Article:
// show how you can use the Charfield type to store strings with length <= 255
                let message =
                    format!("{} 👋, my name is {}", &event.greeting, &event.person.name);

                Salutation {
                    id: event.id,
                    message_hash: bytes32(&message),
                    message,
                    greeter: greeter_id,
                    first_seen: block.height,
                    last_seen: block.height,
                }
            }
        };

        // Here we do the same with Greeter that we did for Saluation -- if we have an event
        // already saved in the database, load it and update it. If we do not have this Greeter
        // in the database then create one
        let greeter = match Greeter::load(greeter_id) {
            Some(mut g) => {
                g.last_seen = block.height;
                g
            }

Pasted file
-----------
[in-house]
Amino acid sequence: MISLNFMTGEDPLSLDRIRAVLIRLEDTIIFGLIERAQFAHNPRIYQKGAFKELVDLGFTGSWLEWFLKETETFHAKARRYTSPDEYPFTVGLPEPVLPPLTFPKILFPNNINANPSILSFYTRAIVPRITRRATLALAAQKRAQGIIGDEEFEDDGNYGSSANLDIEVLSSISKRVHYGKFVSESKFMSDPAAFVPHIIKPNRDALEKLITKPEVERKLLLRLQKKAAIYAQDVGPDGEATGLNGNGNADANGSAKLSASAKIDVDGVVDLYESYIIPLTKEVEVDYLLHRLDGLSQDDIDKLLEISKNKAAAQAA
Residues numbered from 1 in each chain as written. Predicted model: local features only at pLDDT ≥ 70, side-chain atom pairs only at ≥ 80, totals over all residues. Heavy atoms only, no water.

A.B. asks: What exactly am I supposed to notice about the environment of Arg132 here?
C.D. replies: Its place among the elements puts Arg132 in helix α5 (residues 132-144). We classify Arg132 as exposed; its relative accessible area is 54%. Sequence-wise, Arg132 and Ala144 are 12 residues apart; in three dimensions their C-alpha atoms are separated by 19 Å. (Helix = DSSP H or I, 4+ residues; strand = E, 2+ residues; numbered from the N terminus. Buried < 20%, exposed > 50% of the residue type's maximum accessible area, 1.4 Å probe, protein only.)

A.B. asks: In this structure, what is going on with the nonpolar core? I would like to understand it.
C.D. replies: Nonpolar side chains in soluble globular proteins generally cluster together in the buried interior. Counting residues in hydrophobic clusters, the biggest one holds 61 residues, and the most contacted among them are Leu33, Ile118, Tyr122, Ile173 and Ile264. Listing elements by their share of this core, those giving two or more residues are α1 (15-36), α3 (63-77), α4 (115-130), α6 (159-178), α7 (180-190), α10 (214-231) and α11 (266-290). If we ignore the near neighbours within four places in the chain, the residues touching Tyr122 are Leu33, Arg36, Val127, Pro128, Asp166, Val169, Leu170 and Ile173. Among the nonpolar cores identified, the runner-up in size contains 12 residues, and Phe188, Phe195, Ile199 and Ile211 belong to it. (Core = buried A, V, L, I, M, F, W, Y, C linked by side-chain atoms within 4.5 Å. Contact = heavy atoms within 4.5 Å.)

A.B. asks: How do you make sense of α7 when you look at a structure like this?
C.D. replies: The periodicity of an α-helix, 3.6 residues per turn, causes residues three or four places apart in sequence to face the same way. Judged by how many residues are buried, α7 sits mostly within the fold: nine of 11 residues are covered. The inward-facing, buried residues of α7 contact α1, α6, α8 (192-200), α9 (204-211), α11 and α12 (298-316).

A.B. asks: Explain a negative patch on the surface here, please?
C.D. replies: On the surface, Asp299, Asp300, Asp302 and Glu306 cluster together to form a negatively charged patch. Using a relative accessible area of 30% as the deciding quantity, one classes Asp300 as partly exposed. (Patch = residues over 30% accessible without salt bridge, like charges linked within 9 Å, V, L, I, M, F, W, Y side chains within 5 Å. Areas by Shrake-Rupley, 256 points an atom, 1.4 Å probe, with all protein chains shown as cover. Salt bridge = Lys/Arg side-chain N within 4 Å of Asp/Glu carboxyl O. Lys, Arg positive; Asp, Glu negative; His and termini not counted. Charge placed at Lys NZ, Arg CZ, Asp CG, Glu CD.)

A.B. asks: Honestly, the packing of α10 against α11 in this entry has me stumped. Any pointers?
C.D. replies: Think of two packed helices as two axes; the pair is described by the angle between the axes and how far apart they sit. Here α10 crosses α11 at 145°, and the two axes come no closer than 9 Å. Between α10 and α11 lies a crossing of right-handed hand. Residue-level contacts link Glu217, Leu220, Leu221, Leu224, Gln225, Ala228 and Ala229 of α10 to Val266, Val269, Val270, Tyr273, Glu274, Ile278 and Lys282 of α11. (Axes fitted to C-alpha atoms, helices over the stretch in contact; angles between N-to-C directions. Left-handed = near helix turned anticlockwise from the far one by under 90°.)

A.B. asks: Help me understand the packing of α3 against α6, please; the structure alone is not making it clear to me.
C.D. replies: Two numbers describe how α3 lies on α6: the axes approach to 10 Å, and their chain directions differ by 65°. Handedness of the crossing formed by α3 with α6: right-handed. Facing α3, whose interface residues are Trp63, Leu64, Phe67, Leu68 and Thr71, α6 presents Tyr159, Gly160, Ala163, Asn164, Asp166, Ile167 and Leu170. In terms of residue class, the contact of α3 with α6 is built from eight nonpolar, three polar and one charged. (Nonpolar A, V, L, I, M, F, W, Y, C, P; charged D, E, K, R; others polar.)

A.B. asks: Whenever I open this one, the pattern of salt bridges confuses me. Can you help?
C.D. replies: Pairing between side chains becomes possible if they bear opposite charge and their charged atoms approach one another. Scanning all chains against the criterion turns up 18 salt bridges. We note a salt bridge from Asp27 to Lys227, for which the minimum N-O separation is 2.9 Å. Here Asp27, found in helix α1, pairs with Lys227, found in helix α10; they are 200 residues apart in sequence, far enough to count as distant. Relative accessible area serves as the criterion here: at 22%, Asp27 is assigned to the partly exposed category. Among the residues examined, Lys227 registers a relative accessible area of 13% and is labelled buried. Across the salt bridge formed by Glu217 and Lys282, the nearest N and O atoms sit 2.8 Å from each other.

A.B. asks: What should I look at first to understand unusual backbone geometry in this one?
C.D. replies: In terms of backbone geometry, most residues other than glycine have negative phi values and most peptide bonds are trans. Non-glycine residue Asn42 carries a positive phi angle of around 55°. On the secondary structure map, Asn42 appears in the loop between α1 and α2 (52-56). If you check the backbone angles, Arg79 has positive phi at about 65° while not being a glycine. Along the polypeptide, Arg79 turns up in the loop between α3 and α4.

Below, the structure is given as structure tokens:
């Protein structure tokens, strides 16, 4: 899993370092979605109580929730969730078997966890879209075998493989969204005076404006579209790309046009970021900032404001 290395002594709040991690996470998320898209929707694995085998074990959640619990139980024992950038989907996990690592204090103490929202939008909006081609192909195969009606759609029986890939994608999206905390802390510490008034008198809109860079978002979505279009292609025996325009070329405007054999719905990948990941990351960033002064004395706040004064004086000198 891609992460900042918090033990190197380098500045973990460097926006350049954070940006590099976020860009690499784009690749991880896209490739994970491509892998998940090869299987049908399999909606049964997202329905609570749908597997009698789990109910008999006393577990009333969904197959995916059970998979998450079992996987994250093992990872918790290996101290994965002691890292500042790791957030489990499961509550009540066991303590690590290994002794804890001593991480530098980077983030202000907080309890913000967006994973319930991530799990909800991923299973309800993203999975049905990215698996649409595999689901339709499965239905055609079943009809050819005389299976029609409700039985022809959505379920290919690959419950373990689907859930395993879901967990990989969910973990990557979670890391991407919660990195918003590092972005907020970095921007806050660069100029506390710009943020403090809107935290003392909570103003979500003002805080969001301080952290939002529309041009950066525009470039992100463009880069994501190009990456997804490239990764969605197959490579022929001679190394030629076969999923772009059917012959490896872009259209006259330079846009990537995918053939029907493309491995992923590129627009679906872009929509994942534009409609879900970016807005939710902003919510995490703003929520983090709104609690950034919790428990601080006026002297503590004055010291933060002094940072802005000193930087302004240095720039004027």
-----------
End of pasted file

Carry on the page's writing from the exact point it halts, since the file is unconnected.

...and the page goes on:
None => Greeter {
                id: greeter_id,
                first_seen: block.height,
                name: event.person.name.to_string(),
                last_seen: block.height,
            },
        };

        // Both entity saves will occur in the same transaction
        greeting.save();
        greeter.save();
    }
}
}

5. Compile the index

cd indexer/hello-index

cargo build --release --target wasm32-unknown-unknown

IMPORTANT: As of this writing, there is a small bug in newly built Fuel indexer WASM modules that produces a WASM runtime error due an errant upstream dependency. For now, a quick workaround requires using wasm-snip to remove the errant symbols from the WASM module. More info can be found in the related script here.

IMPORTANT: Be sure to add your new WASM module to your index manifest as shown below.

namespace: fuel_examples
identifier: hello_index
abi: examples/hello-world/contracts/greeting/out/debug/greeting-abi.json
start_block: 1
graphql_schema: examples/hello-world/schema/hello_world.schema.graphql
module:
  wasm: target/wasm32-unknown-unknown/release/hello_index.wasm

6. Start the indexer & deploy your index

IMPORTANT: You should already have Postgres running by now.

# Go back to the repository root
➜ cd fuel-indexer/

# Start a local fuel node
➜  cargo run --bin fuel-node

# Start a local indexer service
➜  forc index start --background 2>/dev/null

# Deploy your index to the local service using test authentication
➜  forc index deploy --manifest hello_index.manifest.yaml

If successful, your output should resemble:

➜  forc index deploy --manifest forc_index.manifest.yaml